Electronic Monitoring as Alternative Sentencing for DUI/DWI

Electronic Monitoring as Alternative Sentencing for DUI/DWI

Driving under the influence (DUI) or driving while intoxicated (DWI) can result in harsh penalties in the form of mandatory prison sentences and license suspensions. However, there are sentencing alternatives. One such alternative is electronic monitoring. Studies have found numerous societal benefits to electronic monitoring, including treatment and rehabilitation for the defendant, an easing of the overcrowded and overburdened jail systems, and lowered recidivism rates. Moreover, the cost savings to the local government has proven significant, saving hundreds of thousands of taxpayer dollars in jail costs.

The cost of being on an electronic monitoring program varies, and is usually paid for by the offender. Because it is feasible for the offender to continue to work during daytime hours, while being confined at night, the offender is often able to cover the cost of nighttime monitoring, while also continuing to provide for family members.

There are many different programs and companies that are licensed to provide electronic monitoring. The monitoring provides surveillance of the offender's presence within the immediate vicinity of an assigned area detailed by the supervising agency. The person is also subject to precise curfews and schedules. Some devices attach to the wrist, others to the ankle, and may include a GPS tracking unit worn when the offender leaves home. A base station may also be installed in the offender's home. Some devices relay a continuous signal to a computer at the probation offices or at the manufacturer's central monitoring computer. The offender is also required to respond to random phone calls.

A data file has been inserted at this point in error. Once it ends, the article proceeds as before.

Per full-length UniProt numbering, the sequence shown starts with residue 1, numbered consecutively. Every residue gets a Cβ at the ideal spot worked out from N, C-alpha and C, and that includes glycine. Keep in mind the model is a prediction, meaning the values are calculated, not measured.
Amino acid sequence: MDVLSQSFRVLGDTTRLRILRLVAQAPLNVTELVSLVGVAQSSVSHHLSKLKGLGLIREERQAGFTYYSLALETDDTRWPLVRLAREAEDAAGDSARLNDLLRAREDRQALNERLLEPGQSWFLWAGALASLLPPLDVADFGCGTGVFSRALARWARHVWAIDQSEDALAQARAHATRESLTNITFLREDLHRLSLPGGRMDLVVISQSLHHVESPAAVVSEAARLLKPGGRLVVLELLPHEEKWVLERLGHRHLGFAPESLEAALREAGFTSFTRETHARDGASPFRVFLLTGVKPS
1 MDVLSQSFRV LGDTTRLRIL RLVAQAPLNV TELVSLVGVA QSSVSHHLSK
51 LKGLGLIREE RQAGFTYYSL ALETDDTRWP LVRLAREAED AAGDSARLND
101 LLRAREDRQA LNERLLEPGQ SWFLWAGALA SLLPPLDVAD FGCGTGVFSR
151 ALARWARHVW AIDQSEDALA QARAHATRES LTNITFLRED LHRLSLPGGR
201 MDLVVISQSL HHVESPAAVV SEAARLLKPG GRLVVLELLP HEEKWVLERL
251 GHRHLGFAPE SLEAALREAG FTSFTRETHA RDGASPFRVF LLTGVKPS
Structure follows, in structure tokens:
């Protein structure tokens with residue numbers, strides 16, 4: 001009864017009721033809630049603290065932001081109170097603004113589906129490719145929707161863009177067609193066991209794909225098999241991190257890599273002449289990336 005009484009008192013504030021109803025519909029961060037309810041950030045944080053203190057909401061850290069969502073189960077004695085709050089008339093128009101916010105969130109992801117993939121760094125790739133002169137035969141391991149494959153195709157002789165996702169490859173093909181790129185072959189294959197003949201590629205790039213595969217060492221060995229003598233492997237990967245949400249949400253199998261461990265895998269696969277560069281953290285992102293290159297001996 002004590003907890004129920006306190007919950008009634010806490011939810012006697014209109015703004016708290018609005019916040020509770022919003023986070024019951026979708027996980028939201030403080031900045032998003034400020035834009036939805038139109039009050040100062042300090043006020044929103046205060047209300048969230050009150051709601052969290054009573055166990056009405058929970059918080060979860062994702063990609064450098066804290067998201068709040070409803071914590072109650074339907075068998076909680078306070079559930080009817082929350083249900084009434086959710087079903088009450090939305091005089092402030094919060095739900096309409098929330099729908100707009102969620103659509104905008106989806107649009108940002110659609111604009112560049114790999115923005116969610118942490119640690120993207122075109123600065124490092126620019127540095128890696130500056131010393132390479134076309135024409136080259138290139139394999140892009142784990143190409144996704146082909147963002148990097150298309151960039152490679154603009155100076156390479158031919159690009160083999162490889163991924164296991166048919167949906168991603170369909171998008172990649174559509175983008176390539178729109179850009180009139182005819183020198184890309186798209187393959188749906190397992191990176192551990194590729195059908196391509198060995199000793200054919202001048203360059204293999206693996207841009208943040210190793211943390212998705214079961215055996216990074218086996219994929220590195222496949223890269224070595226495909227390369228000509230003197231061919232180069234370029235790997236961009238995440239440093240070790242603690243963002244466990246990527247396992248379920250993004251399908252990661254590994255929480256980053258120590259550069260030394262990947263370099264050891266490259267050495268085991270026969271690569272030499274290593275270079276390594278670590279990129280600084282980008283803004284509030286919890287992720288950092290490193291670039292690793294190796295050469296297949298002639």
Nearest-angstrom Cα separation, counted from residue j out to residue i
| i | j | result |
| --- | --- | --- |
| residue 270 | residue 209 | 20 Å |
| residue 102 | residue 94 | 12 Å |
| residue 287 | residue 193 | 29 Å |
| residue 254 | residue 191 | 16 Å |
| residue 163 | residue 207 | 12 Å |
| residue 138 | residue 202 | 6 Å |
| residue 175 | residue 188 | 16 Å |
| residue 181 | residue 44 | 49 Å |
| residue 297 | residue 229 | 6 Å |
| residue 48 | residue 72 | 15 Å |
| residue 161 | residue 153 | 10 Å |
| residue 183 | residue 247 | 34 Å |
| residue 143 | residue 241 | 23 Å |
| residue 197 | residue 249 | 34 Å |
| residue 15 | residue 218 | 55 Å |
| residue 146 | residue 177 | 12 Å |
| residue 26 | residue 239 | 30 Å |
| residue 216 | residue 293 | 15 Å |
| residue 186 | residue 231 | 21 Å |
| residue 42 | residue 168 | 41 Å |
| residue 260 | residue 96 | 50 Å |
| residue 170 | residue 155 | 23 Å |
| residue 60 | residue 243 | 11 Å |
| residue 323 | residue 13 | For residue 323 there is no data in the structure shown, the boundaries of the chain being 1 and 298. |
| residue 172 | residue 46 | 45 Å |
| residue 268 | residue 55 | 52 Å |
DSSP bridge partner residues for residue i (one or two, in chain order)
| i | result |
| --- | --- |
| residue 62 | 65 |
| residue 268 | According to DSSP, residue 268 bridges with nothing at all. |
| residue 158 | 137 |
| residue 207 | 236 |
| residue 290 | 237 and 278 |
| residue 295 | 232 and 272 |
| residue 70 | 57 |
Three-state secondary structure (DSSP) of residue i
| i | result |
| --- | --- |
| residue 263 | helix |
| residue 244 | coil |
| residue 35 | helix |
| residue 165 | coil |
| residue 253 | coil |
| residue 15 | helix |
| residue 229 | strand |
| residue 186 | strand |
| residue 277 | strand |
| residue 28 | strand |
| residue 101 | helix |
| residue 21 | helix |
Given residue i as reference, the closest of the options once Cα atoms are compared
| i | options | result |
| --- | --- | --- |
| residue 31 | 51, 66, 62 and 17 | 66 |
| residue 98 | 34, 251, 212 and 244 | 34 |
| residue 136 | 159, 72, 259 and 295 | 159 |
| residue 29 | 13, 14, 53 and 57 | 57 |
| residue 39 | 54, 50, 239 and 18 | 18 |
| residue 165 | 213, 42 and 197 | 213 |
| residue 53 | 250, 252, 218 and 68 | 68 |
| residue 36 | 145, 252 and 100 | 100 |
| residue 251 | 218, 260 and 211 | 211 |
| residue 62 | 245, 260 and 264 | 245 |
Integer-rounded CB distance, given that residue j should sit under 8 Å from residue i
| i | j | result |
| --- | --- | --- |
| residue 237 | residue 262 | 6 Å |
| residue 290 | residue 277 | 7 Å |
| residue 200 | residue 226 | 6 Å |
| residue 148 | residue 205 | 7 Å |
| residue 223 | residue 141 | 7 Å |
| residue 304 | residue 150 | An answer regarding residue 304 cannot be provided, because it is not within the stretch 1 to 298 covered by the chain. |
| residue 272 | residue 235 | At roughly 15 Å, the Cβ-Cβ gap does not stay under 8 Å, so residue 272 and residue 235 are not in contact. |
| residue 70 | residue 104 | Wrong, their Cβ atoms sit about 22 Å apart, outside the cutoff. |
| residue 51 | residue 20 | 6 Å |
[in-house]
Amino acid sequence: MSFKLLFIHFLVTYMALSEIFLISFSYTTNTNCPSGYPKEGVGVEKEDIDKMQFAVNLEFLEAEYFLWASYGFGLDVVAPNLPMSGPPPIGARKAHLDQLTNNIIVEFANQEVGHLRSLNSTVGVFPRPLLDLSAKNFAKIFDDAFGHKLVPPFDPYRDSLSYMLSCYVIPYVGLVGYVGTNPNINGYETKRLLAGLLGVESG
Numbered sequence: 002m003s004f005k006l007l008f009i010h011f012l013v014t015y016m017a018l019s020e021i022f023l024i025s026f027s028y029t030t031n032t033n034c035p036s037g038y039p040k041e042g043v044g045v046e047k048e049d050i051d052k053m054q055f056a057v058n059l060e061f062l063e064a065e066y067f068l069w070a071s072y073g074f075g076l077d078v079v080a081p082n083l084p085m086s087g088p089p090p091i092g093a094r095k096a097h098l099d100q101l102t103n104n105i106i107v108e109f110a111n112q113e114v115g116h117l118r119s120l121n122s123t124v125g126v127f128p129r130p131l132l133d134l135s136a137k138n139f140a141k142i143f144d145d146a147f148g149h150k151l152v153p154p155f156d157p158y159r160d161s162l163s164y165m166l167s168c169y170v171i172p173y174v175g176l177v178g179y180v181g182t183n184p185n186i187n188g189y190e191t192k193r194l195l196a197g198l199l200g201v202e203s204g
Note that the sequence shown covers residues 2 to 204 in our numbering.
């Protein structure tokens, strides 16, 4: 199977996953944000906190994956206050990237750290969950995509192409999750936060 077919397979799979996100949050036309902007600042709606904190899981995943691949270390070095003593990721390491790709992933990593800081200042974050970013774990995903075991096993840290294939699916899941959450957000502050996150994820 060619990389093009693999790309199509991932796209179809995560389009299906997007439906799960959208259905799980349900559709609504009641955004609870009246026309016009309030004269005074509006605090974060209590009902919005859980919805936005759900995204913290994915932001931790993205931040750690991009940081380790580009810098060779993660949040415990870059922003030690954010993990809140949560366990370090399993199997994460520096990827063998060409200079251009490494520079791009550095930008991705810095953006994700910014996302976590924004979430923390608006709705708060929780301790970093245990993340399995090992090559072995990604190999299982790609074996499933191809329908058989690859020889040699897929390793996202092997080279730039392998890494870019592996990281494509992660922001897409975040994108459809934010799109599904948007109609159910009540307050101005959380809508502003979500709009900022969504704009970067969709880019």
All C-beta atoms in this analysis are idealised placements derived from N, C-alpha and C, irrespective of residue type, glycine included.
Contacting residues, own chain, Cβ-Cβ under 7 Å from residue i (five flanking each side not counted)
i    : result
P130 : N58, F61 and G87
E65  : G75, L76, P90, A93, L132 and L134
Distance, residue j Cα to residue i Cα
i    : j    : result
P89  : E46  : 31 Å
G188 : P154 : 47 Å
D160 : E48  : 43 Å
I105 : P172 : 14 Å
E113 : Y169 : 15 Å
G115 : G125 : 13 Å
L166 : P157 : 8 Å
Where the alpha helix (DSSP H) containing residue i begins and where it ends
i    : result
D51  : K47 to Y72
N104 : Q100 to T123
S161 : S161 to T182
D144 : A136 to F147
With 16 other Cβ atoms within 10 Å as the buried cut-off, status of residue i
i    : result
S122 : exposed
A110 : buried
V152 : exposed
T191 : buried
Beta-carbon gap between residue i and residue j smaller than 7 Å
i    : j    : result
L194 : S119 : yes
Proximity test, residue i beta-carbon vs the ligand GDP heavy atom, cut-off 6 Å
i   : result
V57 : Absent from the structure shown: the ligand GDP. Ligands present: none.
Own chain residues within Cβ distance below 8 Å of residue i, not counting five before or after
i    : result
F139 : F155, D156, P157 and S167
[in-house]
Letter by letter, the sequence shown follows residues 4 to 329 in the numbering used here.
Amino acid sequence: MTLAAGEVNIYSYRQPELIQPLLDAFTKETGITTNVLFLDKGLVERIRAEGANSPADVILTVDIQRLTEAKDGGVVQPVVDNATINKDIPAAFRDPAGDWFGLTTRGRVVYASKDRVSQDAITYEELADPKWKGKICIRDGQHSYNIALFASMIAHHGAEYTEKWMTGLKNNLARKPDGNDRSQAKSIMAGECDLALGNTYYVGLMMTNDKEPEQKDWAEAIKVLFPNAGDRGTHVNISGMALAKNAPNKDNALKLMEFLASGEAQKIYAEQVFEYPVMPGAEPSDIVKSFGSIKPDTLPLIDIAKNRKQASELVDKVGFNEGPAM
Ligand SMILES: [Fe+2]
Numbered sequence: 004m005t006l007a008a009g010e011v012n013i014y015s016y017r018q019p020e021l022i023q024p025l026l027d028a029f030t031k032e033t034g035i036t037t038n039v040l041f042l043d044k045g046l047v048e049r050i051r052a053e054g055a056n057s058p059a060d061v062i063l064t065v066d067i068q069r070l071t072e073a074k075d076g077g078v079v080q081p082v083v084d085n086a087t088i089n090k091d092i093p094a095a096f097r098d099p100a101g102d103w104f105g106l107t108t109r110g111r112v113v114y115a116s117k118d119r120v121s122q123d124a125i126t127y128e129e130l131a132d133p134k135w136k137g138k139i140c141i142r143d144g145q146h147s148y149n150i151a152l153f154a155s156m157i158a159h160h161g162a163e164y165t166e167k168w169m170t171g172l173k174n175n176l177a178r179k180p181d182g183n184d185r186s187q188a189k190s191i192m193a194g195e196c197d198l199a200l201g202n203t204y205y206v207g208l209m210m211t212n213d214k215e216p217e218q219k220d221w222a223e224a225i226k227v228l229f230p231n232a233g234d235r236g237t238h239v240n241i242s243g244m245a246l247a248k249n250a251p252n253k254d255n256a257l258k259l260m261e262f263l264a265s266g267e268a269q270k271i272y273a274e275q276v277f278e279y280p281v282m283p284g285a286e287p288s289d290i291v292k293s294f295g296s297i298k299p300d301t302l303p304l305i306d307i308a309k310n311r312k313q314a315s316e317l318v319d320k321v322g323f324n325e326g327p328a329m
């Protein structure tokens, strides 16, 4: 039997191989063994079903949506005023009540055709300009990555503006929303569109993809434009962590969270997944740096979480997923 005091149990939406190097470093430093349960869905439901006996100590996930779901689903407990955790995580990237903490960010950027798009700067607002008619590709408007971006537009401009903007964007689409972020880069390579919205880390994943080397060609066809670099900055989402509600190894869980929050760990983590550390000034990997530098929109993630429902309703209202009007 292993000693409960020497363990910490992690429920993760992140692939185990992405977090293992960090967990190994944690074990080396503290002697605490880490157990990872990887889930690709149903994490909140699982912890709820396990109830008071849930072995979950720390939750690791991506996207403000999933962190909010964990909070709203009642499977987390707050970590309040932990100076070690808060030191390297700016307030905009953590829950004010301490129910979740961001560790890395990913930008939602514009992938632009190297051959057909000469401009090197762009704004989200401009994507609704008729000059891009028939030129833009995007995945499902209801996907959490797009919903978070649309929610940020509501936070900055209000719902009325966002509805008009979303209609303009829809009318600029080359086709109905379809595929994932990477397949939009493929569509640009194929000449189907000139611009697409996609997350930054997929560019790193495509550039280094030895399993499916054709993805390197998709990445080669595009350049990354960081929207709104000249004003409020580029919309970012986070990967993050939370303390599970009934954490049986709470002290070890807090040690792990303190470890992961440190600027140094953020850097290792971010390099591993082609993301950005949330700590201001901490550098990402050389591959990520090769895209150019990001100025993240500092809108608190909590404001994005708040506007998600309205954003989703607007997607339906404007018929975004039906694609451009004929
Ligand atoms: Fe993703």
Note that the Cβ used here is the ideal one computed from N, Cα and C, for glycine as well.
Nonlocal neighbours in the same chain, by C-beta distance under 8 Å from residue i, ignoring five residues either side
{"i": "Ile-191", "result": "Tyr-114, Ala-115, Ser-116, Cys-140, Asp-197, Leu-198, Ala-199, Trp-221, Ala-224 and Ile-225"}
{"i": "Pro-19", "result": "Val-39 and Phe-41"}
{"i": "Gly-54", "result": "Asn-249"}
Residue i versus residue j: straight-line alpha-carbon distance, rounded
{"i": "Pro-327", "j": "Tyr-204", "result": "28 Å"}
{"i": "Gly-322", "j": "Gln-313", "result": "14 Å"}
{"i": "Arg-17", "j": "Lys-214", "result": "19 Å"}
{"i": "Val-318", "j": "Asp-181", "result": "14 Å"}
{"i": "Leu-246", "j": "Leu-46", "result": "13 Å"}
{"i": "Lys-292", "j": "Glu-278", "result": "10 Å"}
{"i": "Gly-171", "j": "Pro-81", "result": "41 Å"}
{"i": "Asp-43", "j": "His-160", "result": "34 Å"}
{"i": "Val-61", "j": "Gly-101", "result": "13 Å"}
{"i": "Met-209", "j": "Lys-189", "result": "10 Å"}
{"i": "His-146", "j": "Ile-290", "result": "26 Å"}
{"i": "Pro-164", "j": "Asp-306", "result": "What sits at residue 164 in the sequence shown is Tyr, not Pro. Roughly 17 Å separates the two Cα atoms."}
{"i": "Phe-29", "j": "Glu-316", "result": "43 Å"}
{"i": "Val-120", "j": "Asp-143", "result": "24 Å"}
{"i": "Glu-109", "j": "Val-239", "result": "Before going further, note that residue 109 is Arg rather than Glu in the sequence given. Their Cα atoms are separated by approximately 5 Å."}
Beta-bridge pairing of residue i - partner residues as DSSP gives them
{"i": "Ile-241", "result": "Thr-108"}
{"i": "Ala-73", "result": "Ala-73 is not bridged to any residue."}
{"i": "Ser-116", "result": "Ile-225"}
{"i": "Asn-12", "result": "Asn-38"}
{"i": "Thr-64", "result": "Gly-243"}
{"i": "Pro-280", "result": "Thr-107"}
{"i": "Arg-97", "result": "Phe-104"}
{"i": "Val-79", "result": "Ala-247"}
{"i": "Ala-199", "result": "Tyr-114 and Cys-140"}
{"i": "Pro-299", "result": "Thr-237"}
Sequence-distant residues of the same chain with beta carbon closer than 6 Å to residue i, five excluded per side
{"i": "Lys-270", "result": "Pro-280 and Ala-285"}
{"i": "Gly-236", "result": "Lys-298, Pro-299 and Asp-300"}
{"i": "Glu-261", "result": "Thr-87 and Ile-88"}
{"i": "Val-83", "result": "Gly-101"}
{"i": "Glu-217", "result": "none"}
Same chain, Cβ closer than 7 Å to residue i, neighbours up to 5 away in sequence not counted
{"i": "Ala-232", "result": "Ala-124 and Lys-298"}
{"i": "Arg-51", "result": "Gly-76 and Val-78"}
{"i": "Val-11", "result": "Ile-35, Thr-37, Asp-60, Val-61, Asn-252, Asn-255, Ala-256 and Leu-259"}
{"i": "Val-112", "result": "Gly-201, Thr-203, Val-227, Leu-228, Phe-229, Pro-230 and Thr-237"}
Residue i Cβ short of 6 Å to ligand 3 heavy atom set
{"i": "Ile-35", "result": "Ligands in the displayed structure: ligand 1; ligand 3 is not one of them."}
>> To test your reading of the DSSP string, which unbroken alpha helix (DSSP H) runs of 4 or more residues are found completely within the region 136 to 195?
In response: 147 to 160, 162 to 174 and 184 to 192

DWI/DUI offenders may be required to have certain monitoring add-ons, such as breath-testing devices. These alcohol monitors enable probation offices to ensure that offenders are complying with court orders to abstain from alcohol consumption as a condition of sentencing and probation. The device is attached to the offender's ankle and monitors the offender's blood alcohol level by measuring ethanol vapor as it migrates through the surface of the skin. The device is designed to detect and record any tampering or attempts to remove it. A modem communicates test results from the subject's home to an Internet-based central monitoring station, which provides supervising parties with constant access to the alcohol readings of each subject. Typically, DWI/DUI offenders subject to this condition of home arrest must submit to multiple tests per day. Voice recognition devices also ensure that the offender is the person taking the test.

Electronic monitoring is essentially on house arrest; the offender must remain at home except for court appearances, court-ordered education classes, Alcoholics Anonymous or Narcotics Anonymous meetings, and other essential travel such as a job. Time spent on house arrest is usually credited against a jail sentence on a day-for-day basis.

Copyright 2012 LexisNexis, a division of Reed Elsevier Inc.